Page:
How to Use Divergent and Convergent Thinking to Improve Your Work

It’s easy to get “stuck” during the course of a project. When you do, remember to use both divergent and convergent thinking to get unstuck. Here’s how.

Patrick Buggy

June 29, 2016

Divergent and convergent thinking is not just for creativity in the workplace. We use them all the time in our daily lives!

Choosing what to wear in the morning is an exercise in divergent and convergent thinking.

You start by looking in your closet to explore options. There are so many choices to consider! You could wear pants, shorts, a sweater, or a t-shirt. In fact, forcing yourself to look at things that you haven’t worn in a while is good example of using divergent thinking.

With the time ticking away, you narrow your options down to a final selection. You make choices by considering a range of factors. How hot is it? Is it rainy? Is there an important meeting on my calendar? Focusing your consideration set is convergent thinking.

Picking out what clothes to wear is a simple example. But we can take it a step farther to illustrate the important relationship between the two modes of thinking.

Without diverging, you sacrifice the opportunity to create much better options to choose from.
Without converging, you’ll keep too many options open and sap your team’s attention and energy.

Diverge to explore new possibilities

It might seem obvious that we need to think divergently and explore new ideas.

But it’s often easier said than done.

Divergent can be uncomfortable compared to convergent thought. Choosing from a list of options is much easier than having to come up with the list in the first place.

So where’s a good place to start?

Here are a few best-practices you can try to get your team moving:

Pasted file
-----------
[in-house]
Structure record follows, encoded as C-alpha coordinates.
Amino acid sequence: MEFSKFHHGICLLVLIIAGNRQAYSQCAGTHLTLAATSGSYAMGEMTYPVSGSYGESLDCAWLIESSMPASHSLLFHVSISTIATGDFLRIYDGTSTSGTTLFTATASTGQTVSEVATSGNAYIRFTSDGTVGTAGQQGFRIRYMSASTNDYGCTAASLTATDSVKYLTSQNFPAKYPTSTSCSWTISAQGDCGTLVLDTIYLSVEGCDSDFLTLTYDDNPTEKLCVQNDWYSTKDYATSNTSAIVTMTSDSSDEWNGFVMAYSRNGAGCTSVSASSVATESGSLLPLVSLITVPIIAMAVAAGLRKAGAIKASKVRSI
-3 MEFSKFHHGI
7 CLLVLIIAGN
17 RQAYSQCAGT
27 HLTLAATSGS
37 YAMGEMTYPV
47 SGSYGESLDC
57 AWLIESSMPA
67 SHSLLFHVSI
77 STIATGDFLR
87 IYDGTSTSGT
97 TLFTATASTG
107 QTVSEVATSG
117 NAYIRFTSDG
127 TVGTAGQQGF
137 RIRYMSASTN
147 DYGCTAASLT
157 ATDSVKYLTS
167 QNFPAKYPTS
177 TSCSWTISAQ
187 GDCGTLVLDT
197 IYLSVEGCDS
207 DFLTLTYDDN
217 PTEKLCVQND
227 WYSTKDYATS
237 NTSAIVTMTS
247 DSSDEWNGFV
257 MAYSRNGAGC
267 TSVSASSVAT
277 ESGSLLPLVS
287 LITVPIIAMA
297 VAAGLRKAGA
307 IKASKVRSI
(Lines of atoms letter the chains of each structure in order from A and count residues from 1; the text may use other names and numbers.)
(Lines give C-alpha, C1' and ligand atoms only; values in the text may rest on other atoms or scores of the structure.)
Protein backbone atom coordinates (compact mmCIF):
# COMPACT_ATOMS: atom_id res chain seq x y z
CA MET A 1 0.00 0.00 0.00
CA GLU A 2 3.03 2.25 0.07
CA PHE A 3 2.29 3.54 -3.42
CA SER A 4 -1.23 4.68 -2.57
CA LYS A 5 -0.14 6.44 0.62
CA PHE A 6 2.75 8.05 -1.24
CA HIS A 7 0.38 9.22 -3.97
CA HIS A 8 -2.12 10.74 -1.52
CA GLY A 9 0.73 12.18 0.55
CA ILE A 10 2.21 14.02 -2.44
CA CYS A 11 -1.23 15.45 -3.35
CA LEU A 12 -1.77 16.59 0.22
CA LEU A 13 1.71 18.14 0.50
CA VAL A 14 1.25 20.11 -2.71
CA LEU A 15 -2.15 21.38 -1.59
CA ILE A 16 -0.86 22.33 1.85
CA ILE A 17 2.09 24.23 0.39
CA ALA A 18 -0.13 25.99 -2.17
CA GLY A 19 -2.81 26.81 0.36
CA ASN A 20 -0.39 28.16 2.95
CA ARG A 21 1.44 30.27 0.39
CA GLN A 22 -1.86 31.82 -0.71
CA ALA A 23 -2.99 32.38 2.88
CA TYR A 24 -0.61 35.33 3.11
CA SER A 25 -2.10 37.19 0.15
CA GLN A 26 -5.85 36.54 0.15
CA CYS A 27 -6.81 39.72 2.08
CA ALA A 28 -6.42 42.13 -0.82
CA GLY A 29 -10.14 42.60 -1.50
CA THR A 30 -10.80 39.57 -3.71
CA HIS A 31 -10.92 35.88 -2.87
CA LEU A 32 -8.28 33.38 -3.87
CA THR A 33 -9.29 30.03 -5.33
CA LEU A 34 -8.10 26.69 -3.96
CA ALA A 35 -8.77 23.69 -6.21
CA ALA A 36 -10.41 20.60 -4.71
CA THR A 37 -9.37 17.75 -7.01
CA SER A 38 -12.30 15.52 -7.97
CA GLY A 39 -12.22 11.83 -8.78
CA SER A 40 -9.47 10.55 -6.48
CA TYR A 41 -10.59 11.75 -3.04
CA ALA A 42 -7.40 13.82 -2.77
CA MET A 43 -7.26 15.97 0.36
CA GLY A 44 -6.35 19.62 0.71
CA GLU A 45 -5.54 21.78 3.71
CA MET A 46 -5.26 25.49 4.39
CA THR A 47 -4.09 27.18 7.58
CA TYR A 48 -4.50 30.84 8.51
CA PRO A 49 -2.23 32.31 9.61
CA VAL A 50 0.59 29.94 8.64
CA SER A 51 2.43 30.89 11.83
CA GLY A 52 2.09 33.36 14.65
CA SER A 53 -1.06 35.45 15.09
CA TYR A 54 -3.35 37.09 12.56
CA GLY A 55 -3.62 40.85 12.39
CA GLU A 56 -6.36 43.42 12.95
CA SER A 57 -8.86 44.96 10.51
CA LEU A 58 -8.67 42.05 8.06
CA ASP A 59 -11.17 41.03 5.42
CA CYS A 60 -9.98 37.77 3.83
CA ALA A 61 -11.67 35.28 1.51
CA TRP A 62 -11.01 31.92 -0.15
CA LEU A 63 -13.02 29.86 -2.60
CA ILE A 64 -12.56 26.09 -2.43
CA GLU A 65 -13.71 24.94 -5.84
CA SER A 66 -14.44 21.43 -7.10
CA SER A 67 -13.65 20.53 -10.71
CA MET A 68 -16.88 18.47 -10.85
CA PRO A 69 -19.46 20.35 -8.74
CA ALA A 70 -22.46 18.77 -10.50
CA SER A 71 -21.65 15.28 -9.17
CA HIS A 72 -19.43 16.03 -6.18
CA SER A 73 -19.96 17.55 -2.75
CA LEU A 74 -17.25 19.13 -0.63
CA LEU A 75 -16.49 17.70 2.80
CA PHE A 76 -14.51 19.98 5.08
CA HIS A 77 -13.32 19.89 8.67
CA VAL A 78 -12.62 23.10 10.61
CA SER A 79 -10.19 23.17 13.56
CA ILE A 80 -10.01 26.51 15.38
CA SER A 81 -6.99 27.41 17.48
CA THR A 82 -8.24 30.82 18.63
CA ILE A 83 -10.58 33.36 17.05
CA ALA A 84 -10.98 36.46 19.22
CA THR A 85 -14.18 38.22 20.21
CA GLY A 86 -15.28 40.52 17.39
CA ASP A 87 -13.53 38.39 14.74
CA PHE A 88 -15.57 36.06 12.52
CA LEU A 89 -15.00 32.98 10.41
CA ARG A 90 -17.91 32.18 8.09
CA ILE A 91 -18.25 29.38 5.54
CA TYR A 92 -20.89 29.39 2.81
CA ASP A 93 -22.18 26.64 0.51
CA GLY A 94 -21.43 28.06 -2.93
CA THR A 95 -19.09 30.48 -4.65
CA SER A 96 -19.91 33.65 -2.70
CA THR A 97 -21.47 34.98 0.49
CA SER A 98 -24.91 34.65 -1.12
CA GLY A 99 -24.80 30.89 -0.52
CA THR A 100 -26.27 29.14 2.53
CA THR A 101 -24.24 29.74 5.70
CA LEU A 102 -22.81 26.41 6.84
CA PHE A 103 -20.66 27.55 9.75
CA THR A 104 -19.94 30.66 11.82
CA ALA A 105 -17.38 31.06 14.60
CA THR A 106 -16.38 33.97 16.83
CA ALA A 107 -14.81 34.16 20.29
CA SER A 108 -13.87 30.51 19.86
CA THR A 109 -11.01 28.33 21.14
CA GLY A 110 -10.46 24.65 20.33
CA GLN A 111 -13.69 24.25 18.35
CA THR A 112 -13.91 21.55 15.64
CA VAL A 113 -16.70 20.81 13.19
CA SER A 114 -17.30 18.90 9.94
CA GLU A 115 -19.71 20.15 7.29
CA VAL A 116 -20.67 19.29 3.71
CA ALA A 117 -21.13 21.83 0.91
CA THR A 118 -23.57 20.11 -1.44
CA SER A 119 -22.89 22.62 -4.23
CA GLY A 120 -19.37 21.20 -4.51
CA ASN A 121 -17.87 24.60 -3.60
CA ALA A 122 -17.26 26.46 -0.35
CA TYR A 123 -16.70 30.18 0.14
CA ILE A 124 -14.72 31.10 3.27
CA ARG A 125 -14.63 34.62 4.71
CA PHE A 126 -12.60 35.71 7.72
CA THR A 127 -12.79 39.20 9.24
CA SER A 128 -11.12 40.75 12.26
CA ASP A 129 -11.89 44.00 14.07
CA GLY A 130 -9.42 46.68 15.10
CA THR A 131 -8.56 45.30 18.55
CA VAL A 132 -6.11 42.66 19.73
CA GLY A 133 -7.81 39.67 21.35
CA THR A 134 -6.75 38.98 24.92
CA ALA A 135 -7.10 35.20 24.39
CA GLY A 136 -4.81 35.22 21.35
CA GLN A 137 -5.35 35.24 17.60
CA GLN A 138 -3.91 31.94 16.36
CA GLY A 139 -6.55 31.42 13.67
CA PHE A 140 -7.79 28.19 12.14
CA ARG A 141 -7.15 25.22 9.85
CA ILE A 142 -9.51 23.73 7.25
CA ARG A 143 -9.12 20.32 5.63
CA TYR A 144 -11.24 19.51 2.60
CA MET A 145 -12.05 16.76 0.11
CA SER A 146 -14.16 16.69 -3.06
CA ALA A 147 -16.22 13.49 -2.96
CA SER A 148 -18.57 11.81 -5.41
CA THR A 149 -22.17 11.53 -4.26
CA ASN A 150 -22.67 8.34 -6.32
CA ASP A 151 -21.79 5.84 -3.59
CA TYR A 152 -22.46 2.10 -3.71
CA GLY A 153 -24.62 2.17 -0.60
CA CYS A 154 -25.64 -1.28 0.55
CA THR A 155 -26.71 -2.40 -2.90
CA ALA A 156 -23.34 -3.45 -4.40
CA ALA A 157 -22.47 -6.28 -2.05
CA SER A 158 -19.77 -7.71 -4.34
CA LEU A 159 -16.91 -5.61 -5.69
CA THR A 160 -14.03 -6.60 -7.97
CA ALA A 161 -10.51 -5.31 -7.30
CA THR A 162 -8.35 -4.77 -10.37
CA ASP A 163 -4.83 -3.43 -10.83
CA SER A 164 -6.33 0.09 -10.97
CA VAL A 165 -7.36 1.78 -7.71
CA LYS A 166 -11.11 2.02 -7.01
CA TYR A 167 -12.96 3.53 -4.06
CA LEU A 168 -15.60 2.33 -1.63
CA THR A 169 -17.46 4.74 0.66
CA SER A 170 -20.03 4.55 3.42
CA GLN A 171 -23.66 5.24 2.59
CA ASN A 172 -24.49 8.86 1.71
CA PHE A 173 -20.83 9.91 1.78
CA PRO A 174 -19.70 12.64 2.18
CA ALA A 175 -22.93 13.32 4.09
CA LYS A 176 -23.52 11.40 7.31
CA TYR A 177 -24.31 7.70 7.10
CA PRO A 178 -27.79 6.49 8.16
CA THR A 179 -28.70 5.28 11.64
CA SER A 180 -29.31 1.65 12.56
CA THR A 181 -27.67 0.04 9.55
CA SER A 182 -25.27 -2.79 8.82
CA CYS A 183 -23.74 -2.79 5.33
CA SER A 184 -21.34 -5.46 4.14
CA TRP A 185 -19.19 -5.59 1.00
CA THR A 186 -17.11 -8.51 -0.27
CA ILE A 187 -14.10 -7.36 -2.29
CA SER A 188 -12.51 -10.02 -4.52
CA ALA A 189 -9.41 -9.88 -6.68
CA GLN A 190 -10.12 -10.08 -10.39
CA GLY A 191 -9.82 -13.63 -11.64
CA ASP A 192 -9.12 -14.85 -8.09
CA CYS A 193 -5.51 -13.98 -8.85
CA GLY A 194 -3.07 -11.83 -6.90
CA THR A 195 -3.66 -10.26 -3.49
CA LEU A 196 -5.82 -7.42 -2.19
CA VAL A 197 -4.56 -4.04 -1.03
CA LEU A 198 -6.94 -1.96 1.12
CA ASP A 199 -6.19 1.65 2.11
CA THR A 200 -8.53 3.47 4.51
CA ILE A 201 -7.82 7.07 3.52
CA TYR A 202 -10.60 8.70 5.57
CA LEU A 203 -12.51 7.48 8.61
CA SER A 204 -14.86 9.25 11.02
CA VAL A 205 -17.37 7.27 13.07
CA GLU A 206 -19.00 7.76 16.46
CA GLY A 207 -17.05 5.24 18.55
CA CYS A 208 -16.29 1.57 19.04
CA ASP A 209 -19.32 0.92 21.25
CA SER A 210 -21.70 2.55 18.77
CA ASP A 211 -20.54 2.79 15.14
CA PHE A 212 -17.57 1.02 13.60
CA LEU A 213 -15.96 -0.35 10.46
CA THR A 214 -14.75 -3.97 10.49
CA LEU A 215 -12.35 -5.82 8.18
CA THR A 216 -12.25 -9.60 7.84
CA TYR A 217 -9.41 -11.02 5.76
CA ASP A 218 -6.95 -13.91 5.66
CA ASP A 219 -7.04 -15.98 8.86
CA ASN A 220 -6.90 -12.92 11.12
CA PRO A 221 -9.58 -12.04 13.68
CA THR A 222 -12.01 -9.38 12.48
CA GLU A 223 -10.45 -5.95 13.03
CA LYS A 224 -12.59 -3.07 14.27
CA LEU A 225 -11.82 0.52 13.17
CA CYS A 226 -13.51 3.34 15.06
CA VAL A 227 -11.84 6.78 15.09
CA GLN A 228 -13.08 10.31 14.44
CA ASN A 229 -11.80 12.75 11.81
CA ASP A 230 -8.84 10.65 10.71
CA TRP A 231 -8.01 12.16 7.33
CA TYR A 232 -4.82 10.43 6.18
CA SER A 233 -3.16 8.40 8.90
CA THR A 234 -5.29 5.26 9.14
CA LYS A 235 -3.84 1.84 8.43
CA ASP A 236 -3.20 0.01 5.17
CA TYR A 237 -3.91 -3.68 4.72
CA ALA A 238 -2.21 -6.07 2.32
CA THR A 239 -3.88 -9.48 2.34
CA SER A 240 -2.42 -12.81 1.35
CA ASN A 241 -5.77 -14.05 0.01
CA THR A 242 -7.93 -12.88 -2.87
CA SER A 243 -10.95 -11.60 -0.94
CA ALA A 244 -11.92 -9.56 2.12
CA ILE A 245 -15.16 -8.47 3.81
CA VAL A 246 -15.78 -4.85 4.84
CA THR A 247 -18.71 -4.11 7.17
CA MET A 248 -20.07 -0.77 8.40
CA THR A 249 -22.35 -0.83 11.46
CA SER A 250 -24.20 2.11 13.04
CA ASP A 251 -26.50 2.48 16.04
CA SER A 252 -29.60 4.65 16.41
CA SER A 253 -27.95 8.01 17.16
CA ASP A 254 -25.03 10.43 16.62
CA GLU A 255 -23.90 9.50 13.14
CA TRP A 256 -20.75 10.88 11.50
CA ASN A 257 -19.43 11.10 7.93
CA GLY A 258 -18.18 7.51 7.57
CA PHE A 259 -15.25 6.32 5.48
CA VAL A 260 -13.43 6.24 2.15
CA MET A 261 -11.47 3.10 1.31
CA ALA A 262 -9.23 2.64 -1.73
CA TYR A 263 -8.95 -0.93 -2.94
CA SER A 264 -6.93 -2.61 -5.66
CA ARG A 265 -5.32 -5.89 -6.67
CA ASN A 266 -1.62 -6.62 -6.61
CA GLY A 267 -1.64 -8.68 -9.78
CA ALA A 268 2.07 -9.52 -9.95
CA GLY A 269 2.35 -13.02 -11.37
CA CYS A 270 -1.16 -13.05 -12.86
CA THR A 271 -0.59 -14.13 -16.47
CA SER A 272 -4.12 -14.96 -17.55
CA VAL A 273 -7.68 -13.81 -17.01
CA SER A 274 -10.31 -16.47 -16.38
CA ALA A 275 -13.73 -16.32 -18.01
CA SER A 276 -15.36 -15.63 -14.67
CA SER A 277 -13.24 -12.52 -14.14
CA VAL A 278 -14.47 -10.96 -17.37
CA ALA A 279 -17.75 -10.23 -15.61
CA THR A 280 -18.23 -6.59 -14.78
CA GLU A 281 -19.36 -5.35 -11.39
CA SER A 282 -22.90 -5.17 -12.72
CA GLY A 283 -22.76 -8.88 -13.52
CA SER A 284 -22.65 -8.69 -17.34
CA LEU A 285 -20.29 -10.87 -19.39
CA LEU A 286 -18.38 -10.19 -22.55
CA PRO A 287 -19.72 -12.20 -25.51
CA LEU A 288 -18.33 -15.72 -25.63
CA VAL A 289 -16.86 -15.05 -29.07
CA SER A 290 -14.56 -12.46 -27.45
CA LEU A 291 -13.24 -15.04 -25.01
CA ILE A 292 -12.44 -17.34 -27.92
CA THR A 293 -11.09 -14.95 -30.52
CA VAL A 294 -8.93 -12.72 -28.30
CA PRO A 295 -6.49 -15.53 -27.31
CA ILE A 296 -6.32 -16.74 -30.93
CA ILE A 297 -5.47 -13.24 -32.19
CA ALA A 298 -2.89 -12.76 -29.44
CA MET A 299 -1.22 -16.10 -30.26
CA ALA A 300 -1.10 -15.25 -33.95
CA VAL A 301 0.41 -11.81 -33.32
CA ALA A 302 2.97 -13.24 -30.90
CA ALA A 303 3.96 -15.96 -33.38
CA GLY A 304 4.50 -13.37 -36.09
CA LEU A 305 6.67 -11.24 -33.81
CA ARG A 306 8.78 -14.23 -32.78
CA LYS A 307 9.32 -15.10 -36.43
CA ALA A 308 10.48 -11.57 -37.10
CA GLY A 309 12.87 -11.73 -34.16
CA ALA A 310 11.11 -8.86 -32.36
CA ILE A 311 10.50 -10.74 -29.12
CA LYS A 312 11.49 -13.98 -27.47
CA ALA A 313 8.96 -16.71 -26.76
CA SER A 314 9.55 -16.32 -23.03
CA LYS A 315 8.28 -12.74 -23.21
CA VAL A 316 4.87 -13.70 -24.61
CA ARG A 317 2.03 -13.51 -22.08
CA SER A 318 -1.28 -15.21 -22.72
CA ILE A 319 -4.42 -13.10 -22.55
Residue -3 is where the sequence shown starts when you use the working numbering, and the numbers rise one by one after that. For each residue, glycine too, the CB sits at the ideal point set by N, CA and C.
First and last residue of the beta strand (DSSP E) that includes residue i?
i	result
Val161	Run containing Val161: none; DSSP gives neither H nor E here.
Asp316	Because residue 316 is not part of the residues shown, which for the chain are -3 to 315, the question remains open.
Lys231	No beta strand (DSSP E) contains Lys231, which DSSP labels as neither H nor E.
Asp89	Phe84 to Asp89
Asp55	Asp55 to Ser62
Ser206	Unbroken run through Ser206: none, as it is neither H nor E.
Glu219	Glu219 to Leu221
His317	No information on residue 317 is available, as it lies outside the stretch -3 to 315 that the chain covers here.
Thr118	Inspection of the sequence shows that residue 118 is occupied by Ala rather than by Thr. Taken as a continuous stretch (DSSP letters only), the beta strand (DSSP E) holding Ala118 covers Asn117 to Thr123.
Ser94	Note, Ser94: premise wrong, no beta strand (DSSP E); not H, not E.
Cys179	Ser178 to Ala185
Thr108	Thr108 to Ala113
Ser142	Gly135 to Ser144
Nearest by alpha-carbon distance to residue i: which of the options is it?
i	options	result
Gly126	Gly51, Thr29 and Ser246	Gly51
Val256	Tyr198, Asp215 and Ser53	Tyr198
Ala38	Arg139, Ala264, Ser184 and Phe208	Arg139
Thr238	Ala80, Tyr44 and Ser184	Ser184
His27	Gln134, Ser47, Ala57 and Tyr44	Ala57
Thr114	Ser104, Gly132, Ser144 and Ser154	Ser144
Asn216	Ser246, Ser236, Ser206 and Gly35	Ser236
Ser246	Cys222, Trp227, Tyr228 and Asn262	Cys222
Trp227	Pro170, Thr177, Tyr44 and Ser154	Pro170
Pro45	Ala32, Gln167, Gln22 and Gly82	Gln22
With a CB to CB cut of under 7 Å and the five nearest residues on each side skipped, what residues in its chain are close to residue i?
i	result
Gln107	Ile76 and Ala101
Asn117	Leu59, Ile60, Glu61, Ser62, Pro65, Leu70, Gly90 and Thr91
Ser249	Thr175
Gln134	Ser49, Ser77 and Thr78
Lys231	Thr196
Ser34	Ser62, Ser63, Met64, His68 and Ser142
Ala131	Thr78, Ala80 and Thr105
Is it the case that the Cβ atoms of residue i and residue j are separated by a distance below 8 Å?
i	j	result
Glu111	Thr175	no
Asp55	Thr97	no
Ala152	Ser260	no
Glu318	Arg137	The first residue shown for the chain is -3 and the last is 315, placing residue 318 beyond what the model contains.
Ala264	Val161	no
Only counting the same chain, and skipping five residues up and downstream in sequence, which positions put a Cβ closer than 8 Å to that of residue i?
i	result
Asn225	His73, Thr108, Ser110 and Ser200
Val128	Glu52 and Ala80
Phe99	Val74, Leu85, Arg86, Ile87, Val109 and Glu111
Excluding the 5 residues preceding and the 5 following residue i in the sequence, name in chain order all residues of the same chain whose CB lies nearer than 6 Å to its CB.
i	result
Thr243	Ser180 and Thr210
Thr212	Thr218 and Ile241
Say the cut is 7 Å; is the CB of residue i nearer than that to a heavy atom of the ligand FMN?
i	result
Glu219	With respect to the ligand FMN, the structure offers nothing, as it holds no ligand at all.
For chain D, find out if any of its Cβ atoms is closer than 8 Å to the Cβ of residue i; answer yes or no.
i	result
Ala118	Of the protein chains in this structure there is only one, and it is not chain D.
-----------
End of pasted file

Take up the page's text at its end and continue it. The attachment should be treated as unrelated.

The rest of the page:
• Gather a wide range of stimulus.
    Look at many similar and different ideas in the topic area you are working on. Take inspiration from successful companies in other industries.
  • Use a deck of creative prompting cards.
    Resources like the Creative Whack Pack are filled with thought-provoking prompts to get your wheels turning in a new way.
  • Brainstorm with colleagues who aren’t working on the project.
    After working on a project for a long enough time, it’s natural to stop challenging assumptions as frequently. Your colleague’s relative naïveté will bring a fresh perspective to your group. Use a collaborative cycle to structure a productive brainstorm with outsiders.
  • Document every idea.
    Regardless of the method you choose, be sure to document each new idea. We like to use concept sheets to document each idea individually. When each idea is on a separate piece of paper, it makes your convergent phase easier. Download the method card below!

Download the Concept Sheets How-To Card

Learn how to use Concept Sheets to document new ideas and invigorate your next brainstorm.